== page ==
The New York Racing Association board of trustees has rejected a bid by Magna Entertainment Corp. to become financial partners, NYRA chairman Barry Schwartz said.
The merger of the two entities, whose heads have butted over the years, has been secretly discussed the past two weeks, Schwartz confirmed March 10. Schwartz said the topic was first raised by MEC in October.
MEC, long interested in getting into the New York market, pitched its deep financial pockets to the cash-starved NYRA as the chief reason for a merger. Schwartz, sources said, would have been permitted to remain as chairman under the merged entity.
"Our board is not interested in a joint venture," Schwartz said just after the meeting broke up at Aqueduct. He said he and MEC chairman Frank Stronach never reached the stage of talking finances.
"The pitch was to join forces, to take NYRA private," Schwartz said. But the NYRA chairman said the board, after all its legal and financial problems the past couple years, rejected the offer.
"We're an independent organization that is going to continue doing what we are doing," Schwartz said. "Basically, we've gotten through some very difficult times, and we view NYRA's future as very bright."
MEC president Jim McAlpine couldn't immediately be reached for comment.
The merger offer came as MEC has hired a number of politically connected lobbyists in Albany. Besides being represented by former U.S. Sen. Alfonse D'Amato, the firm has hired Patricia Lynch, a former top aide to Assembly Speaker Sheldon Silver, and Kenneth Bruno, the son of Senate Majority Leader Joseph Bruno. The elder Bruno has long been NYRA's chief supporter at the capital.
Though sources said D'Amato is working for MEC, state lobbying records found no evidence of that. Lynch is making $110,000 for MEC this year, under the just-released lobbying records, while Bruno's lobbying firm is getting $180,000. The lobbyists either declined to be interviewed or didn't return calls for comment.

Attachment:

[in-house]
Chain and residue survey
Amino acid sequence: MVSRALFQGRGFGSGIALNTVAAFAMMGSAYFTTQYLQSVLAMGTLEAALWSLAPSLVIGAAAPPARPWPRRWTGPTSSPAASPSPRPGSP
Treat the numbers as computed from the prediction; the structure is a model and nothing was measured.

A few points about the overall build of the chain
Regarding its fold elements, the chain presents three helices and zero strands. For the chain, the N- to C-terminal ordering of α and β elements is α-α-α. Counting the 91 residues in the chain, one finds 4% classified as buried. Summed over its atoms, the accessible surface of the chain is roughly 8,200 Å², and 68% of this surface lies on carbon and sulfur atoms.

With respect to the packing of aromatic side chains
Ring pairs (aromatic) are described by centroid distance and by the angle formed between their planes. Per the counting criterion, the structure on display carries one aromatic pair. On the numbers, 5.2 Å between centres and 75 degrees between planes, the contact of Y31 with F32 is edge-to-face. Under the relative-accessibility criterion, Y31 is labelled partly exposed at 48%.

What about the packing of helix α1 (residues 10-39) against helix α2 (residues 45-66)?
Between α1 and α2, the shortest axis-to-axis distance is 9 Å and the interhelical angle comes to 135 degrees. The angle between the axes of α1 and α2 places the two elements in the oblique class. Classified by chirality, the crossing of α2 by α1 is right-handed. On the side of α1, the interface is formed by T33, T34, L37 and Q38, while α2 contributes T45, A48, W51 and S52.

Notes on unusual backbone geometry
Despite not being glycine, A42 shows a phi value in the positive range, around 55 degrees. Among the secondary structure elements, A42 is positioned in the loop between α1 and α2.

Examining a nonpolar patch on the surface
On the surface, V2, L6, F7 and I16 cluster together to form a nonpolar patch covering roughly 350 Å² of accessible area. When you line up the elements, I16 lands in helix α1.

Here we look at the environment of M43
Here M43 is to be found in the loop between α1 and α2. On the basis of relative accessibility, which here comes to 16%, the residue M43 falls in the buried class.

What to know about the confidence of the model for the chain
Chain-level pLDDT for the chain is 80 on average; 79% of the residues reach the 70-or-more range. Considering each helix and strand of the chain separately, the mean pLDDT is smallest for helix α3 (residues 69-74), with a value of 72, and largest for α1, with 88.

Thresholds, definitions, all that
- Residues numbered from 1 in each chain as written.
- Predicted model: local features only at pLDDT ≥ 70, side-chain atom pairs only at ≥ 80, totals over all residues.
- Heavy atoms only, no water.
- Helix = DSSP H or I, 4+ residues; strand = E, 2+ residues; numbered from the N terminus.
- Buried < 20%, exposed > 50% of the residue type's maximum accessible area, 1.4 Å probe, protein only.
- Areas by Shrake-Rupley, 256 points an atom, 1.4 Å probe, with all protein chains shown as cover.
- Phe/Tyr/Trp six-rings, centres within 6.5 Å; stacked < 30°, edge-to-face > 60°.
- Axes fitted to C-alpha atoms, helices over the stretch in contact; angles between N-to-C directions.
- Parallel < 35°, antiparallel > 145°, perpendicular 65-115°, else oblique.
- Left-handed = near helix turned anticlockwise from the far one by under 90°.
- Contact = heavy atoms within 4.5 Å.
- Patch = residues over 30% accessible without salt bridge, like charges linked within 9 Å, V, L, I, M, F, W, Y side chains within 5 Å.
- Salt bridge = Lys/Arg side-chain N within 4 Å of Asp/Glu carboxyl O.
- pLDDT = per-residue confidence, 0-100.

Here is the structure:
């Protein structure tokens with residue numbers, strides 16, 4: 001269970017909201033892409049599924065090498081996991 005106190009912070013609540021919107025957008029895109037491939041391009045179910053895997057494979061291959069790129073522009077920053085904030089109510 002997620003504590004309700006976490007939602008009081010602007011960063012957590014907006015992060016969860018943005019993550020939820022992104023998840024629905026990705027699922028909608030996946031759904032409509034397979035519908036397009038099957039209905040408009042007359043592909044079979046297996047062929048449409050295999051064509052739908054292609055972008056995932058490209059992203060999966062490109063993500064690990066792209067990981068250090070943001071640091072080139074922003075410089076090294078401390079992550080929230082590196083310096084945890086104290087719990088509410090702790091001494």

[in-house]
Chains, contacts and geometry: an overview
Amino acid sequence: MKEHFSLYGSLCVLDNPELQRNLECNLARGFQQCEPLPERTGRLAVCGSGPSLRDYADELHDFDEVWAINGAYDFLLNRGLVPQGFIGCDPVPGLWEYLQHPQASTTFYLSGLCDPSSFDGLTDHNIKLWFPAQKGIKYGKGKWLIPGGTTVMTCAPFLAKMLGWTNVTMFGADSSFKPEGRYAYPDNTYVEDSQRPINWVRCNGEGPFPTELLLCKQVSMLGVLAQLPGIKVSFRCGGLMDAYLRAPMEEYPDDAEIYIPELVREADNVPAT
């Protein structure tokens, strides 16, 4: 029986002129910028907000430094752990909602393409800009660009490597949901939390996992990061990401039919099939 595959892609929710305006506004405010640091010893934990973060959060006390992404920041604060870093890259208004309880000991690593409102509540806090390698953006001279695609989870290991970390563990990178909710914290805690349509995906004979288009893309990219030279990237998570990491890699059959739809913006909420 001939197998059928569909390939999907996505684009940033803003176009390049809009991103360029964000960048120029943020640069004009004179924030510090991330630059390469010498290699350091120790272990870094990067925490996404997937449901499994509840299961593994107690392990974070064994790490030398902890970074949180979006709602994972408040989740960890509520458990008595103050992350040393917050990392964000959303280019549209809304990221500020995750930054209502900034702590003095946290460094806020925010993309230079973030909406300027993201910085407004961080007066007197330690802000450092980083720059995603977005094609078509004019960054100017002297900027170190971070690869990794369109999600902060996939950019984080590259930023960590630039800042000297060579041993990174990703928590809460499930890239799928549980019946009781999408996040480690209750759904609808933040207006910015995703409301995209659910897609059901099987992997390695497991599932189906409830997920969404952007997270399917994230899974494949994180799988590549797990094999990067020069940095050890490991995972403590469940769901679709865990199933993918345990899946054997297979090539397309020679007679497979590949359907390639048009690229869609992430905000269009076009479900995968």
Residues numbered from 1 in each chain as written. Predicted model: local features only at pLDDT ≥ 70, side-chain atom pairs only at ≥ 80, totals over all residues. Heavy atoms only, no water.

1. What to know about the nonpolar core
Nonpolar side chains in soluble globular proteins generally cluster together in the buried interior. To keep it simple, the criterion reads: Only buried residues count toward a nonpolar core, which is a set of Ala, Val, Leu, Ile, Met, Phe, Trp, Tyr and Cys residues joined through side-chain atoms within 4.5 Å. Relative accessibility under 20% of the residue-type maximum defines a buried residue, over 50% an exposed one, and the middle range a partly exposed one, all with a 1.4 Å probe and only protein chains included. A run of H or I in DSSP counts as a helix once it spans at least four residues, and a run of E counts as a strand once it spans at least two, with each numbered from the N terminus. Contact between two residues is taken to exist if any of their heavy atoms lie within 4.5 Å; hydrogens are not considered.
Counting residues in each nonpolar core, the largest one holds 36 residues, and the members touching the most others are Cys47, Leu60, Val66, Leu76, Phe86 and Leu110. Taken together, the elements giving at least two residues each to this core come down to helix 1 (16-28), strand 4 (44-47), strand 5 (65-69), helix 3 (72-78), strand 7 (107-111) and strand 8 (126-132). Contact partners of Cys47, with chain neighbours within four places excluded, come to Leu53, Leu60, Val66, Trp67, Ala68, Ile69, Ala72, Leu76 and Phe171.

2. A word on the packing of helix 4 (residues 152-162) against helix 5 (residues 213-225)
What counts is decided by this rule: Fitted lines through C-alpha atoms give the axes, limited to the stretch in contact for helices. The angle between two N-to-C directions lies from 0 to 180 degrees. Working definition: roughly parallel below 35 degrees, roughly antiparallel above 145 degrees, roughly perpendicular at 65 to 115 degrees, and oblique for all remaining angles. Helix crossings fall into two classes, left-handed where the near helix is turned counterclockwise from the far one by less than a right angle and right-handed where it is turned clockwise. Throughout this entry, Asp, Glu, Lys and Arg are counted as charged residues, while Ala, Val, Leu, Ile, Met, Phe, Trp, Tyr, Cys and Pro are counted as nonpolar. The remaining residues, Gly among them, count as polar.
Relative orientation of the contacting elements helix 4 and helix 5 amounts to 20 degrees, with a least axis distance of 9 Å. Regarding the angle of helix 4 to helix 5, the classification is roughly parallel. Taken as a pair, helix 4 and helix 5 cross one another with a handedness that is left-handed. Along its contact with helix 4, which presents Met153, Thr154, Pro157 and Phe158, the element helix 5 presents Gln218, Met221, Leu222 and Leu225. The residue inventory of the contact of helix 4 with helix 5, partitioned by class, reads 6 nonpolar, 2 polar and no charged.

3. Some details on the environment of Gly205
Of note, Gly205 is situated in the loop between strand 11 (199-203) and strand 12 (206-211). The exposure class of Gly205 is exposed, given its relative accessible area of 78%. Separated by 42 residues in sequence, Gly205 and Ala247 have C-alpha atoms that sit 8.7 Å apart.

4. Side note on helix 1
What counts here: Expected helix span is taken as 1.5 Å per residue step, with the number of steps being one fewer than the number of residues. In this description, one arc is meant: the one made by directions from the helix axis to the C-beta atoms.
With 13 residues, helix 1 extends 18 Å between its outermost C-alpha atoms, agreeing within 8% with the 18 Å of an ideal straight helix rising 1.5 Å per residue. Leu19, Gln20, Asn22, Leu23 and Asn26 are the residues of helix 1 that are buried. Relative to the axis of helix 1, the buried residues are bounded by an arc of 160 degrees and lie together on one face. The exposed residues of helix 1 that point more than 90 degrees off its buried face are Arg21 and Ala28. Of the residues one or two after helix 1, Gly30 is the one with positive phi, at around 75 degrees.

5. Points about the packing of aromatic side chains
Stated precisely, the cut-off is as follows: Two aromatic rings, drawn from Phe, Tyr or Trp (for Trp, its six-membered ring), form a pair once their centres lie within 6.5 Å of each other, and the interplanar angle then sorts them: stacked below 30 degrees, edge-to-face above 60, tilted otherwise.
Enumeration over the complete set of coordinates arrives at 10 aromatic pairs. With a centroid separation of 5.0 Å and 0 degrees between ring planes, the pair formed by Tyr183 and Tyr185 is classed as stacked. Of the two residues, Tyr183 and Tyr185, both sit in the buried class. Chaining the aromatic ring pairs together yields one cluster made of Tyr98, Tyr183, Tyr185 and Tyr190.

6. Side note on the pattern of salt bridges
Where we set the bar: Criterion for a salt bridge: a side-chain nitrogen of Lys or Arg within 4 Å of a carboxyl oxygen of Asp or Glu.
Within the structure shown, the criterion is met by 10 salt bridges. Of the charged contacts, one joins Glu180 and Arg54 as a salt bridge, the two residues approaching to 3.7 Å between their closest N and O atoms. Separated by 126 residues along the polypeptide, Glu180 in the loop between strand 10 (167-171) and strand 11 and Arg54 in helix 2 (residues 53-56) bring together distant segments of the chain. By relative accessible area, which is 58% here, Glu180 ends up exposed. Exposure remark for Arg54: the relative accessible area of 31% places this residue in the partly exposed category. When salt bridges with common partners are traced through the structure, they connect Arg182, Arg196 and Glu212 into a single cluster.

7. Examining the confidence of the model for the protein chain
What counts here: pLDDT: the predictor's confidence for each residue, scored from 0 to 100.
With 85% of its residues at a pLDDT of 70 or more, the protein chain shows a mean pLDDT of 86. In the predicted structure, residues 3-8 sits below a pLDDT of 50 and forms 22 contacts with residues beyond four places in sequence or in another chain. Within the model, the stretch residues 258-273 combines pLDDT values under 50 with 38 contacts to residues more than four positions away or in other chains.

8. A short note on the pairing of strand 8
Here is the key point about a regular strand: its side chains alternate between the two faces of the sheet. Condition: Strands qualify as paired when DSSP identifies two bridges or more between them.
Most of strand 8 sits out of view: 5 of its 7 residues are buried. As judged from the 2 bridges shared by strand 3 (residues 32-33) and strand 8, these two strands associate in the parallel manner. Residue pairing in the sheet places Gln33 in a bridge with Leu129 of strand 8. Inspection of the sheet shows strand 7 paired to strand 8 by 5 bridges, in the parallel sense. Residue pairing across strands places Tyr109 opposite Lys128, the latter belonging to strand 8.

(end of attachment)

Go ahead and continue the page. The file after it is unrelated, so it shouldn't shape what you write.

MEC's lobbyist hiring spree has been speculated for months. Lawmakers and others said they expected MEC to put on a big push to try to block NYRA's effort to get its franchise extended beyond 2007. NYRA wants at least a two-year extension--it had been in line for a five-year extension before its indictment, deferred prosecution and $3-million fine by federal prosecutors last year--to help in the financing of its video lottery terminal casino at Aqueduct.
Schwartz, who did battle with MEC several years ago over a bid to buy New York City Off-Track Betting Corp., said he expects MEC to try to stop the franchise extension. "They used the same group to buy (NYCOTB), D'Amato, and Lynch," he said. "That was the partnership that helped them try to buy OTB. They won that battle, but lost the war. Will they try to block the franchise extension? I would imagine they would. Will they be successful? I imagine they won't be successful."
Schwartz said the franchise extension to help NYRA get the VLTs running this year will be more important to the state than "pandering to Magna's lobbyists."
A NYRA and Magna merger, given the years of bad blood, would have sent shock waves through the racing industry, let alone the impact such a partnership could have on the nation's racing scene. But Schwartz insisted he and Stronach got along well during the discussions over a merger.
"I have no personal animosity towards him, and I don't think he has any toward me," Schwartz said.